It’s hard to believe summer is almost over. In many places, the weather was so mild it seems like it never quite started. But kids are already going back to school.
While the weather has been cool, temperatures have reached a boiling point on many of our nation’s streets. In many communities, violence is very much on people’s minds as kids return to school, following incidents like the rash of shootings in Chicago over the July 4th weekend and the police killing of Michael Brown in Ferguson, Missouri.
Last week, the Safe Routes to School National Partnership teamed up with Generation Progress, The League of Young Voters Education Fund, the Million Hoodies Movement, and the White House Initiative on Educational Excellence for African Americans to hold a Twitter town hall with the hashtag #Back2SaferSchools. Generation Progress kicked things off with this sobering thought:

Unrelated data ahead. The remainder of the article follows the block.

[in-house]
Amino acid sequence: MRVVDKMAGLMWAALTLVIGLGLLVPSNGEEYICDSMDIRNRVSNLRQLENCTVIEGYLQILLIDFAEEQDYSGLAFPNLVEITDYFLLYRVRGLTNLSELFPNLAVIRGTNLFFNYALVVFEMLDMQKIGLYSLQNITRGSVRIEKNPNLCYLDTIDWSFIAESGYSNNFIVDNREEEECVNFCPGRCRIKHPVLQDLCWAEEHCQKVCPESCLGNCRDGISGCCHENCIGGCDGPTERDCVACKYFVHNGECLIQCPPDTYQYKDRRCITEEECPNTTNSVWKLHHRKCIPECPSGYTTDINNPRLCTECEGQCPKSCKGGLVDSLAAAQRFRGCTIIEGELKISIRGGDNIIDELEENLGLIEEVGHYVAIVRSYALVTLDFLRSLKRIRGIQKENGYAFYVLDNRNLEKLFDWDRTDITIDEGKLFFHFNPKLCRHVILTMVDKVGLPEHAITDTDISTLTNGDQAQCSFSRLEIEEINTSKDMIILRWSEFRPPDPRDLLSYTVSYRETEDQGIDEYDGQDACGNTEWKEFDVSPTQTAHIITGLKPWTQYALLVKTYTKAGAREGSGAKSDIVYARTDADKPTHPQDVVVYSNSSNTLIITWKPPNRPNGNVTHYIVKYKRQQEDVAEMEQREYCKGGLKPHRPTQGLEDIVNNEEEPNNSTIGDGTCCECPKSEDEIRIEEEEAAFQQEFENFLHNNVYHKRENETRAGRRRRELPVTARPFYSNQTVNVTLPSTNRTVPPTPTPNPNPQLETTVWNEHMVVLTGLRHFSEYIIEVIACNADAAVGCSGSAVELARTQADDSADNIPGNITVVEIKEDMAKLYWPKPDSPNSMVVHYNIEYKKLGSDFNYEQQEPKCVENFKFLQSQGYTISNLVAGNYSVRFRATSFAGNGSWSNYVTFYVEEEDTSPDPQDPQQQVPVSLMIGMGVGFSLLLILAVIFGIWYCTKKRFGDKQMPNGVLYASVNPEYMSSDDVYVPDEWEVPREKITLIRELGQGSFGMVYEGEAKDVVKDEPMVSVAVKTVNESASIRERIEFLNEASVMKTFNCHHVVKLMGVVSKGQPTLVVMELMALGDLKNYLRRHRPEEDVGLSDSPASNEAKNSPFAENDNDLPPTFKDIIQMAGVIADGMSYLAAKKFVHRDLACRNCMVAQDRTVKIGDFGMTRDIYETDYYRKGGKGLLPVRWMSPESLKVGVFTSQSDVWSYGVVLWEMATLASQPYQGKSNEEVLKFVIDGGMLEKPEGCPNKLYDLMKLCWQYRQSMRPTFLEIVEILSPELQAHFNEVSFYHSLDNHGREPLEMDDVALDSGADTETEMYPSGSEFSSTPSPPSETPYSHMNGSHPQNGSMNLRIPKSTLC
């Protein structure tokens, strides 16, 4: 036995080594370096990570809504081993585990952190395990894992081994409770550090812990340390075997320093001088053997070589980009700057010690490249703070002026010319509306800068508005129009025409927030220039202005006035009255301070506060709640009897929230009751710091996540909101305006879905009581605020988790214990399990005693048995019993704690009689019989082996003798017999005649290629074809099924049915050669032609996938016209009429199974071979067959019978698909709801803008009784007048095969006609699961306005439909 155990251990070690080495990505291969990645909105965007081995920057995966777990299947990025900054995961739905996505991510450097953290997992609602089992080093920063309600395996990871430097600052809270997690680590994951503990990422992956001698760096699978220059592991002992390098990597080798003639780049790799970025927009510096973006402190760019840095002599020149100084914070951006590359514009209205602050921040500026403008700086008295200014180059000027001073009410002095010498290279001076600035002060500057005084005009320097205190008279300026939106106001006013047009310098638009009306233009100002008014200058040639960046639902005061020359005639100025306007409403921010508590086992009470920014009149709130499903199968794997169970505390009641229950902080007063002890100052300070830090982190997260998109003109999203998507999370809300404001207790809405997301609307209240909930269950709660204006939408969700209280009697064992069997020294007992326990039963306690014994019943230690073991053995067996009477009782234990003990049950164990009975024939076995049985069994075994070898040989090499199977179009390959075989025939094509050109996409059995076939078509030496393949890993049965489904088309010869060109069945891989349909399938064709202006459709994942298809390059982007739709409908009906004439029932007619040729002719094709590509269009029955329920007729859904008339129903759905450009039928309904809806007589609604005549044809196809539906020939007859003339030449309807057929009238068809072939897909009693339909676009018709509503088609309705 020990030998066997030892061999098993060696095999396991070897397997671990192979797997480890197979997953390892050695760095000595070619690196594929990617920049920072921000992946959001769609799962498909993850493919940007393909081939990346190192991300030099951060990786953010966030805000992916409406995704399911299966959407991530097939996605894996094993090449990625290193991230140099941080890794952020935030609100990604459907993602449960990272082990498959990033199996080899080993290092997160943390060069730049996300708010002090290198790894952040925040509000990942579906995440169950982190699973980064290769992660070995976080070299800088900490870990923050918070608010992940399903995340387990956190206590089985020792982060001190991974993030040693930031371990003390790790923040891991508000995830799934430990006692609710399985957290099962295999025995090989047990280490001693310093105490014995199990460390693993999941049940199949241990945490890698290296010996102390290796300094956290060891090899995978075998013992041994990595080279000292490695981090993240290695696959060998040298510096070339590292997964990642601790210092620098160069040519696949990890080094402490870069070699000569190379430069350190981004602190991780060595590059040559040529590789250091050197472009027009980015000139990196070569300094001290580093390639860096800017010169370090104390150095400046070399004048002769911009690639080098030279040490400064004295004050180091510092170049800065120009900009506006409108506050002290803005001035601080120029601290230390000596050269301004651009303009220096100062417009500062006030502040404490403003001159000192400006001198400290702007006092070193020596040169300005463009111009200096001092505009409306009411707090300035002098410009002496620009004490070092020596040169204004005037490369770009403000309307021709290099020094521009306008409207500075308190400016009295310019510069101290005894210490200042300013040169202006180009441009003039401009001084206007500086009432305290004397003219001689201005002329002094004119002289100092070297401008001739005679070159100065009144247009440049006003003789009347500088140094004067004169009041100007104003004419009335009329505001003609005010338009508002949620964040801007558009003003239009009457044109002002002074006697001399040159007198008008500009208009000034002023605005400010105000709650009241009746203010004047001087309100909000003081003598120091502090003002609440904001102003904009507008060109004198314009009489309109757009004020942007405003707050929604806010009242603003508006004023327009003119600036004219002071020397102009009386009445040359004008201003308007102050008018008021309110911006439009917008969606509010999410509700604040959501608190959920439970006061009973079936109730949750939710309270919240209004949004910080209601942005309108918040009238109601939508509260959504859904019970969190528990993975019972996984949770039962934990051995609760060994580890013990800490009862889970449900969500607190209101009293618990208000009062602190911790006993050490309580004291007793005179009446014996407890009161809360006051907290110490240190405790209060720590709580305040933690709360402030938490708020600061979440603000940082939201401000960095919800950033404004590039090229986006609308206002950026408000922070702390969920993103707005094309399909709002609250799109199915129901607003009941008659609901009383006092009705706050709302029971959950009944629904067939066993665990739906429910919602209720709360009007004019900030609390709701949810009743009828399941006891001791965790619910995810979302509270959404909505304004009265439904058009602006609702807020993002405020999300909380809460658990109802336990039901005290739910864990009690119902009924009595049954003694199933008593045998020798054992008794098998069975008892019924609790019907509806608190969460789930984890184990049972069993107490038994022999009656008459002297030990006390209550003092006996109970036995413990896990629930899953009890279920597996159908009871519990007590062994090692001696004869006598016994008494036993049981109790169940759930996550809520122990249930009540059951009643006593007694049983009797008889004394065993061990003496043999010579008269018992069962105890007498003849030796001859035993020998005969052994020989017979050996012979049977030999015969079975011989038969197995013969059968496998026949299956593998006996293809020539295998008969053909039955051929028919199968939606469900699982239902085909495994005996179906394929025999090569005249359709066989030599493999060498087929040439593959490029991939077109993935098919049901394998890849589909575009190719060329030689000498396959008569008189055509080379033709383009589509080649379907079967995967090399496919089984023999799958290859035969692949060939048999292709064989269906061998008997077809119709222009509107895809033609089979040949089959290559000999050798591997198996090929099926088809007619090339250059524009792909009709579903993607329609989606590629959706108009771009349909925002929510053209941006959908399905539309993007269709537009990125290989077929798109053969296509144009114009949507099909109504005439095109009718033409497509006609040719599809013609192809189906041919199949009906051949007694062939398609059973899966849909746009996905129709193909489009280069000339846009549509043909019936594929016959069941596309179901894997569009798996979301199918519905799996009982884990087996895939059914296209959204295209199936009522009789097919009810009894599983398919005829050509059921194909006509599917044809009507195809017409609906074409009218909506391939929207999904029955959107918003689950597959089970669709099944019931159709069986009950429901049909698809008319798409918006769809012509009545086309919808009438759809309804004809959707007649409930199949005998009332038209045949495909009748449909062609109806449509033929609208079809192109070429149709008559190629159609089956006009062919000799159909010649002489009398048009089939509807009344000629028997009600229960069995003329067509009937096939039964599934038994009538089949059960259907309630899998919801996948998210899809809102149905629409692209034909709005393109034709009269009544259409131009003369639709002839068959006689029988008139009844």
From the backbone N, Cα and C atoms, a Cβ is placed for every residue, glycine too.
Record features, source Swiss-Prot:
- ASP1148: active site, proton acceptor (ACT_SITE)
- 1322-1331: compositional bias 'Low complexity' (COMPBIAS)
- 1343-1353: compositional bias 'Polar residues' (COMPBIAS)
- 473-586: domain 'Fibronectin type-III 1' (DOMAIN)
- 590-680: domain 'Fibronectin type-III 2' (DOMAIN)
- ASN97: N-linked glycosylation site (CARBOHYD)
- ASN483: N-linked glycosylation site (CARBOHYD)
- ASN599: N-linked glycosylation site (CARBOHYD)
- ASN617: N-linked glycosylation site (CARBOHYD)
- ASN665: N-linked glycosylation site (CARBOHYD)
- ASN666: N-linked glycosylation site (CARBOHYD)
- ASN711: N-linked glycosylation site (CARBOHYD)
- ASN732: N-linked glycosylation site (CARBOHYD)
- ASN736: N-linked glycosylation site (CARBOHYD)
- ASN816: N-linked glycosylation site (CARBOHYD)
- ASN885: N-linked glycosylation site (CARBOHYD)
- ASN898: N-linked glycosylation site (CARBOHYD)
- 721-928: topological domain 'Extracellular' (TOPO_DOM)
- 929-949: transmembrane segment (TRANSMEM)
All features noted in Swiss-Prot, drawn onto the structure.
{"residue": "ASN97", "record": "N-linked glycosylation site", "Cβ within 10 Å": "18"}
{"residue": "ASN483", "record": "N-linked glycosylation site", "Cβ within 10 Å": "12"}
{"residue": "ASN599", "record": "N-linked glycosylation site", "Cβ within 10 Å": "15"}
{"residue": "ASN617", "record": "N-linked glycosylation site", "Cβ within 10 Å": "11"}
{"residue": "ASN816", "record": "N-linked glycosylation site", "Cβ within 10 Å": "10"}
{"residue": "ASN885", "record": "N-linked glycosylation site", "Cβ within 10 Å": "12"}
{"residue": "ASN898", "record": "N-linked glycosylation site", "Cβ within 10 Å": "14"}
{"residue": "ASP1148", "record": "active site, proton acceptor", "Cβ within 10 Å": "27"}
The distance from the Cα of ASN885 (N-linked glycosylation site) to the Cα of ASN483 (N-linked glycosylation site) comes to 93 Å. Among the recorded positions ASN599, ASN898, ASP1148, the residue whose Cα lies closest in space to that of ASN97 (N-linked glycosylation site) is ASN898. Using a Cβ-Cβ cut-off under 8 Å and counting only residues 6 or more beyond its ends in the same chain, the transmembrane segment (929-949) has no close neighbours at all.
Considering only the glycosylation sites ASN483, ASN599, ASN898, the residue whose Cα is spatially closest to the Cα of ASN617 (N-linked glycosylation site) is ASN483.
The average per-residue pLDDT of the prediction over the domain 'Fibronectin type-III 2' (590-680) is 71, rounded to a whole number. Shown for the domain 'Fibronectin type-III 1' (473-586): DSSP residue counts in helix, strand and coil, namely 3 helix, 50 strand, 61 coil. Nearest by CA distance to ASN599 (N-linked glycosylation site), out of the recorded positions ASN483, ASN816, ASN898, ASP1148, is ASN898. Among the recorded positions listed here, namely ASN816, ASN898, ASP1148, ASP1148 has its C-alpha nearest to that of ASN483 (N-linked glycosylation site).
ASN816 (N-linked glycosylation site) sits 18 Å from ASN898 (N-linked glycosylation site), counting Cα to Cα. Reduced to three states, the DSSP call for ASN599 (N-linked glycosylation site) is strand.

Q1: In 2015, gun violence will be leading cause of death for Millennials. What can communities do to ensure students go #Back2SaferSchools?
— Generation Progress (@genprogress) August 20, 2014
There are many ways to address this problem. But as Keith Benjamin of the SRTS National Partnership says, “Place-making plays a pivotal role in combating violence.”
Late last year, the Partnership released “Using Safe Routes to School to Combat the Threat of Violence” [PDF]. It weaves together in-school conflict resolution programs and anti-bullying work with the group’s regular program of walking school buses and infrastructure improvements.
“In some communities, the danger of violence and crime discourages children from walking to school and keeps people off the street, limiting physical activity and restricting errands and trips,” the report begins.